Mumbai Meri Jaan poster

Mumbai Meri Jaan

wogma rating: Watch but no rush (?)

quick review:

It’s a dark look at human nature with a hint of hope that humans need. Awesome portrayal of detailed characters. Unfortunately, pace is slow enough to make it tiresome by the end.

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Director: Nishikant Kamat
Running time: 150 minutes
Genres: Social, Terrorism
More Movie Info

Wherever in the world I’ve lived in the last 12 or so years, I have proudly called myself a Bombayite/Mumbaikar at heart. The city has an indescribable energy that sweeps me with it whenever I’m there. Mumbai Meri Jaan, however, is about various characters who don’t necessarily have such a romanticized view of Mumbai. Each of them goes through a phase of cynicism and ultimately accepts their situation as is and joins the “spirit” of the city.

It’s a study of characters. Each character is interesting, even if not completely convincing. The combination of characters chosen is fascinating. The resistance to have extreme characters is obvious. Instead, a shade of gray is picked for each one and the variation in the grays, once in a while, defies believability.

Yeah, it is also one possible interpretation of what might have been the state of mind of the citizens after the bomb blasts on July 11th, 2006. But, that seems secondary. The bomb blasts could very well have been replaced by any other traumatic event that Mumbai has gone through in the past few years. The focus is more on the social commentary on the economic disparity that the city suffers from, the corporatization of private lives by the media, the two sides of the youth wanting to migrate abroad, and so on.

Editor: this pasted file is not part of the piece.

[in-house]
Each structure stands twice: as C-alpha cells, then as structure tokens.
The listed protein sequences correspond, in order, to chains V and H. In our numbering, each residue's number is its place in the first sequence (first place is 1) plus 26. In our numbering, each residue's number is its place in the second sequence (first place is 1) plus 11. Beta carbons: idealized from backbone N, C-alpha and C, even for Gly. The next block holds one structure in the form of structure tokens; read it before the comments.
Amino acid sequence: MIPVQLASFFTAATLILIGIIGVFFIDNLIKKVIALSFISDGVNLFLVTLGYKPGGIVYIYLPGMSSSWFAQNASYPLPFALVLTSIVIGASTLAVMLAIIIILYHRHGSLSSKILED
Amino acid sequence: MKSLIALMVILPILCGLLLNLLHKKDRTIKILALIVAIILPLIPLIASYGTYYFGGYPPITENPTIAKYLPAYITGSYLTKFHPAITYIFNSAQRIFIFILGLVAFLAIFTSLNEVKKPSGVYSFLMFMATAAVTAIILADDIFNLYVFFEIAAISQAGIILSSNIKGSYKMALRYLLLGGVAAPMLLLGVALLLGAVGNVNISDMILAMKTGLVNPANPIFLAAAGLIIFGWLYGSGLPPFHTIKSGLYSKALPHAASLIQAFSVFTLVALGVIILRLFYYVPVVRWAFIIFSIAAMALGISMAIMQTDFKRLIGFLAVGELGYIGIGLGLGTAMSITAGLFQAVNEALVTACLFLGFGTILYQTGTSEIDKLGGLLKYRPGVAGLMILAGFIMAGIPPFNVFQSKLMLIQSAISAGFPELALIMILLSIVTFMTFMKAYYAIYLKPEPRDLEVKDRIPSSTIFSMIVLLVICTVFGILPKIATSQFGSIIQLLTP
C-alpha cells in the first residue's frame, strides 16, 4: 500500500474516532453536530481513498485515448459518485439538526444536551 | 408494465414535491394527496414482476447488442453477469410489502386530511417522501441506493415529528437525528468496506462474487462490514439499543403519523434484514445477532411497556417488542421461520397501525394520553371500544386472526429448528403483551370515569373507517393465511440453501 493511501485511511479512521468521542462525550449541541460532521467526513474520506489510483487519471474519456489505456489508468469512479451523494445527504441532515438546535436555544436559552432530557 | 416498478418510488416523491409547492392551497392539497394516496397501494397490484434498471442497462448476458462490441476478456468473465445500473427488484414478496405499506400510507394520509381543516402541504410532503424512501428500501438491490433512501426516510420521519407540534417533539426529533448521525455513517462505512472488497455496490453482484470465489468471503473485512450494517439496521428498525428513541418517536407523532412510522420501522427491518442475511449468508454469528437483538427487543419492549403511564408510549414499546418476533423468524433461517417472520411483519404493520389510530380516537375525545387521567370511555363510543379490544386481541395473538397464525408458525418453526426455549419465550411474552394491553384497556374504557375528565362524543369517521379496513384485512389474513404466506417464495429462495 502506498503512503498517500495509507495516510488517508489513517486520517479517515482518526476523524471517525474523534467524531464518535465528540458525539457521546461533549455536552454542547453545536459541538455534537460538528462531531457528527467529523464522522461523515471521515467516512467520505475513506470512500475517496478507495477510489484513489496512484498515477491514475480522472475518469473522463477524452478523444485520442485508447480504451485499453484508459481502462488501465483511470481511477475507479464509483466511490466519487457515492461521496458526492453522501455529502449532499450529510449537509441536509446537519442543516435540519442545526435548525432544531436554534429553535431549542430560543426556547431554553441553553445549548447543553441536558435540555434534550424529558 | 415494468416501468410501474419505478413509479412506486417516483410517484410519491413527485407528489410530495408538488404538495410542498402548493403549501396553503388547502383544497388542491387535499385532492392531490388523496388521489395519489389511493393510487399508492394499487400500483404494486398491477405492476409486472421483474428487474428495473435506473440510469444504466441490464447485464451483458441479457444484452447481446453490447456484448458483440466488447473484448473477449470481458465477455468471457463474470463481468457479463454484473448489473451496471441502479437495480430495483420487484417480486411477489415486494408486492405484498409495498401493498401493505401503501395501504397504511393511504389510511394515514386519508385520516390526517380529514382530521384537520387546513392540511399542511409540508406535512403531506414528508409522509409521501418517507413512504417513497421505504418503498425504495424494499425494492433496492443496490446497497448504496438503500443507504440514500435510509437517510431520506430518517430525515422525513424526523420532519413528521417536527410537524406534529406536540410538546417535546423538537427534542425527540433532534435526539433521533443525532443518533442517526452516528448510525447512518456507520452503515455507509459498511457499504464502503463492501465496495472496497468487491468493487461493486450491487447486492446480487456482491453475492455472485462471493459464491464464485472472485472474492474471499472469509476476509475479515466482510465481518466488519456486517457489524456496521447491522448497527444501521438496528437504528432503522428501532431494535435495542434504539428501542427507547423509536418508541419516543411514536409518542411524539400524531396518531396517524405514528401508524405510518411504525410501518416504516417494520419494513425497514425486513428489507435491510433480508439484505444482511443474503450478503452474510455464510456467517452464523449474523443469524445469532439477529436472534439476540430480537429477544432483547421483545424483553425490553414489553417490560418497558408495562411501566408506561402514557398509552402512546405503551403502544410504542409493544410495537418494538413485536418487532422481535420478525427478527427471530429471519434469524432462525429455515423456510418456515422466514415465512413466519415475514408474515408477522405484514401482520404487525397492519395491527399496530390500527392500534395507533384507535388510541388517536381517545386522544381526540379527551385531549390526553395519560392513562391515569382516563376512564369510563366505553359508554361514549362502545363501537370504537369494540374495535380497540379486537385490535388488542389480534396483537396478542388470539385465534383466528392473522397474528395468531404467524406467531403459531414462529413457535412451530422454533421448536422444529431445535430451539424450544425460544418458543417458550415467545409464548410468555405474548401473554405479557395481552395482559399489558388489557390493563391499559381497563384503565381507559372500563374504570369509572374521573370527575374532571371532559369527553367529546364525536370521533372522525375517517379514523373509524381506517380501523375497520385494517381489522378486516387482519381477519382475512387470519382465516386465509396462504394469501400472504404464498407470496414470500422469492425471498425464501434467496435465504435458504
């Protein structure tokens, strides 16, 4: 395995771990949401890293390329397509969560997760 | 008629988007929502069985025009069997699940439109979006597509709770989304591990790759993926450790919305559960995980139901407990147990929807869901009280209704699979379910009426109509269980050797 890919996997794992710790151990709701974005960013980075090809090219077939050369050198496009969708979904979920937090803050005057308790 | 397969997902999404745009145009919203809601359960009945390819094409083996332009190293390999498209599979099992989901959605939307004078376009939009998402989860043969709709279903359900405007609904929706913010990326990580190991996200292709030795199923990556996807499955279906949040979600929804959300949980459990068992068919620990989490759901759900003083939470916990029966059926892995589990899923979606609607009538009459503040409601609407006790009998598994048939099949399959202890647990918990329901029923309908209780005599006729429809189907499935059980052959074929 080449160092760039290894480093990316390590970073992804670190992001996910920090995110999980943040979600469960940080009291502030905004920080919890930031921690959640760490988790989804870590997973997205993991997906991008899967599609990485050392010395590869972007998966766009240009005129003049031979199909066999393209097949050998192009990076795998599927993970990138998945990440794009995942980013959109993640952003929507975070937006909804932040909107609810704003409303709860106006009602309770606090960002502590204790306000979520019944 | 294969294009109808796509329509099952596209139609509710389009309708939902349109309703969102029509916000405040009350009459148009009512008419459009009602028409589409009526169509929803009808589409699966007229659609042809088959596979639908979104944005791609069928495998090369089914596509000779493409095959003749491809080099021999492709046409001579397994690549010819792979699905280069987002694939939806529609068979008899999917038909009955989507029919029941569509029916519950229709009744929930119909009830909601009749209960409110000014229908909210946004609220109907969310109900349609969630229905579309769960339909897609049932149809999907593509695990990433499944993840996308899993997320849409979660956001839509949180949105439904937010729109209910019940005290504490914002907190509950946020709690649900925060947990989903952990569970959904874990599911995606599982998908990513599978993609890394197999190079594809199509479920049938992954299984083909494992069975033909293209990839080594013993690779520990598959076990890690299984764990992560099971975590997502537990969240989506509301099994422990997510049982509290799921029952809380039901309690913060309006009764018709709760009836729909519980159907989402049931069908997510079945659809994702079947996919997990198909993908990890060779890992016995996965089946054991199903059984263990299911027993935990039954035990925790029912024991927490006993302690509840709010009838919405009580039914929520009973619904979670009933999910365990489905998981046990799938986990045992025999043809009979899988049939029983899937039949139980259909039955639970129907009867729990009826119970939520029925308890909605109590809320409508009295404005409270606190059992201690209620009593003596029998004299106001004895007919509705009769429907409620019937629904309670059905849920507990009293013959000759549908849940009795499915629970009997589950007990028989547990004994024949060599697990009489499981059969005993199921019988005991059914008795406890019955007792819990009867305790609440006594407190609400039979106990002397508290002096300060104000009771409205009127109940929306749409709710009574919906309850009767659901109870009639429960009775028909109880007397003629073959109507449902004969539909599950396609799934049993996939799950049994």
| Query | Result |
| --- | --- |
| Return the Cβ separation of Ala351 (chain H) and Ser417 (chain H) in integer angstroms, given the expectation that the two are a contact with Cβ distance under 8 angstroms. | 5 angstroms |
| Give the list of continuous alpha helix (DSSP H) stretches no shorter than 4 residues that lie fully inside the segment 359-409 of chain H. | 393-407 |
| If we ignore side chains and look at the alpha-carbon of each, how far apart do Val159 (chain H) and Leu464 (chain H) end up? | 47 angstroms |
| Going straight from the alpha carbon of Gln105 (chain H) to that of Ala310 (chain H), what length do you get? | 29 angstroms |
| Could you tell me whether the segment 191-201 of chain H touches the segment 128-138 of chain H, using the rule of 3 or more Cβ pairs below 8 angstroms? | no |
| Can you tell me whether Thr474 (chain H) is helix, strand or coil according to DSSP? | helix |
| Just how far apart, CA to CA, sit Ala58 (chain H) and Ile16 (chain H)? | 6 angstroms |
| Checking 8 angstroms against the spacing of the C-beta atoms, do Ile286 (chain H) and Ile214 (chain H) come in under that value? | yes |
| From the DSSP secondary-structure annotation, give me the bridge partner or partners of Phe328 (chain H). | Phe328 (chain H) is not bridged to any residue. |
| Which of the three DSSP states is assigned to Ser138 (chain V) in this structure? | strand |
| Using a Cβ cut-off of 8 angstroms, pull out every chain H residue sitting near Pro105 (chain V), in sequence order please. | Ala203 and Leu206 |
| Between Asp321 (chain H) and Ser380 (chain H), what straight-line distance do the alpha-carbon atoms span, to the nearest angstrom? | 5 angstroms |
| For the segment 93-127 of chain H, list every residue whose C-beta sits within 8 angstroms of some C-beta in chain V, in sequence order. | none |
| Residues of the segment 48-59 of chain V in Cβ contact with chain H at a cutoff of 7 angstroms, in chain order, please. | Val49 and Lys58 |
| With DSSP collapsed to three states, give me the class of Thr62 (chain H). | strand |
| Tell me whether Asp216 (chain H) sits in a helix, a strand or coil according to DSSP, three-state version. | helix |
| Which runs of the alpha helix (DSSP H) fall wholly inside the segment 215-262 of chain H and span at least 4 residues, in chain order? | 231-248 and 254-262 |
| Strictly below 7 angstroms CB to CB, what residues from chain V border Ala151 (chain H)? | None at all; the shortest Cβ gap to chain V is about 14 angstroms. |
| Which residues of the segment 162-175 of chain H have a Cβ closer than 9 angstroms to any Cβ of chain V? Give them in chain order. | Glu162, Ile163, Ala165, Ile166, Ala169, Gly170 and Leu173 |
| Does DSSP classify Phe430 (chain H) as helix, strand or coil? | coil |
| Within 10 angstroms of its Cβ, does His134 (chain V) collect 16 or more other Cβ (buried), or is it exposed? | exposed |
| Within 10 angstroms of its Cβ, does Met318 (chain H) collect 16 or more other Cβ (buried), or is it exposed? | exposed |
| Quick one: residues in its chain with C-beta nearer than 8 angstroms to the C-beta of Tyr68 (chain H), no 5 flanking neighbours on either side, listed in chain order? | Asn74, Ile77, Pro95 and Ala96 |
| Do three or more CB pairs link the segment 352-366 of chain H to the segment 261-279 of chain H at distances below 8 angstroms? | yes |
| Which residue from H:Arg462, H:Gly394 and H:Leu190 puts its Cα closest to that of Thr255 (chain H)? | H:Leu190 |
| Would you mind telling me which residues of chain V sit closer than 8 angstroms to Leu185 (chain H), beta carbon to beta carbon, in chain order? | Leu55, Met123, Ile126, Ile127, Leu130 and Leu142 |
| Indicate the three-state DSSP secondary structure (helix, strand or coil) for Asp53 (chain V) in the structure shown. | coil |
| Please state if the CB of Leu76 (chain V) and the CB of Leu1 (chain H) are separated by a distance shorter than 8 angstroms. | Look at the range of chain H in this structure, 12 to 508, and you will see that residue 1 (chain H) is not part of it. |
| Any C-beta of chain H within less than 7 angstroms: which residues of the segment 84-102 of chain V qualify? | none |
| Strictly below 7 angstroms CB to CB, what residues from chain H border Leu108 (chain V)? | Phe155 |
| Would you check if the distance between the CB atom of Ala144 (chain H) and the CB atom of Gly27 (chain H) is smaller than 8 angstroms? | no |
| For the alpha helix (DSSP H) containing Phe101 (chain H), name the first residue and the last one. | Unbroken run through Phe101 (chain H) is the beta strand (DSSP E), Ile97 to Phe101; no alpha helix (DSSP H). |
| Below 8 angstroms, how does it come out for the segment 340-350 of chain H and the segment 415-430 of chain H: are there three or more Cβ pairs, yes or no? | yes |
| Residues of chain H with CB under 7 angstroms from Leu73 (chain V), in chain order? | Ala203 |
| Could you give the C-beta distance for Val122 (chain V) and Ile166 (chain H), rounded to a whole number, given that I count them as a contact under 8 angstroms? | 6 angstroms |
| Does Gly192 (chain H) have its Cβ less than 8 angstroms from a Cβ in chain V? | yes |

Like the city, Mumbai Meri Jaan is more about the people that make it what it is. Even the bit roles give you a glimpse into yet another character you might find in a city - spoilt rich brats, a sermonizing father, housewives for whom the bomb blasts must have just meant another event, and many more. The main characters, of course, have been dealt with in much more details.

Nikhil, an idealist who pays his taxes, refuses to drain the country of it’s brain, considers changing his whole life around to deal with the trauma that the blasts bring about. R. Madhavan’s demure yet sure personality smoothly transforms into the troubled, paranoid Mumbaikar. Rupali, the most regular brand of TV reporter, refuses to believe that she’s not exclusive. You see Soha Ali Khan turn into a zombie from the confident, aspirational lady she starts out as.

Thomas is a good-hearted slum-dweller whose favorite pass-time is to silently observe the rich and their ways. Irrfan Khan with minimal dialogue manages to convince us of his need to avenge the rich and the self-imposed redemption thereafter. Suresh, a racist, makes everything he sees fit into his conspiracy theory. What more can such a person need to substantiate his argument than an act of terrorism? Suresh’s transformation seems the laziest cop-out but Kay Kay Menon, like always, gives the character the body language and attitude that it demands.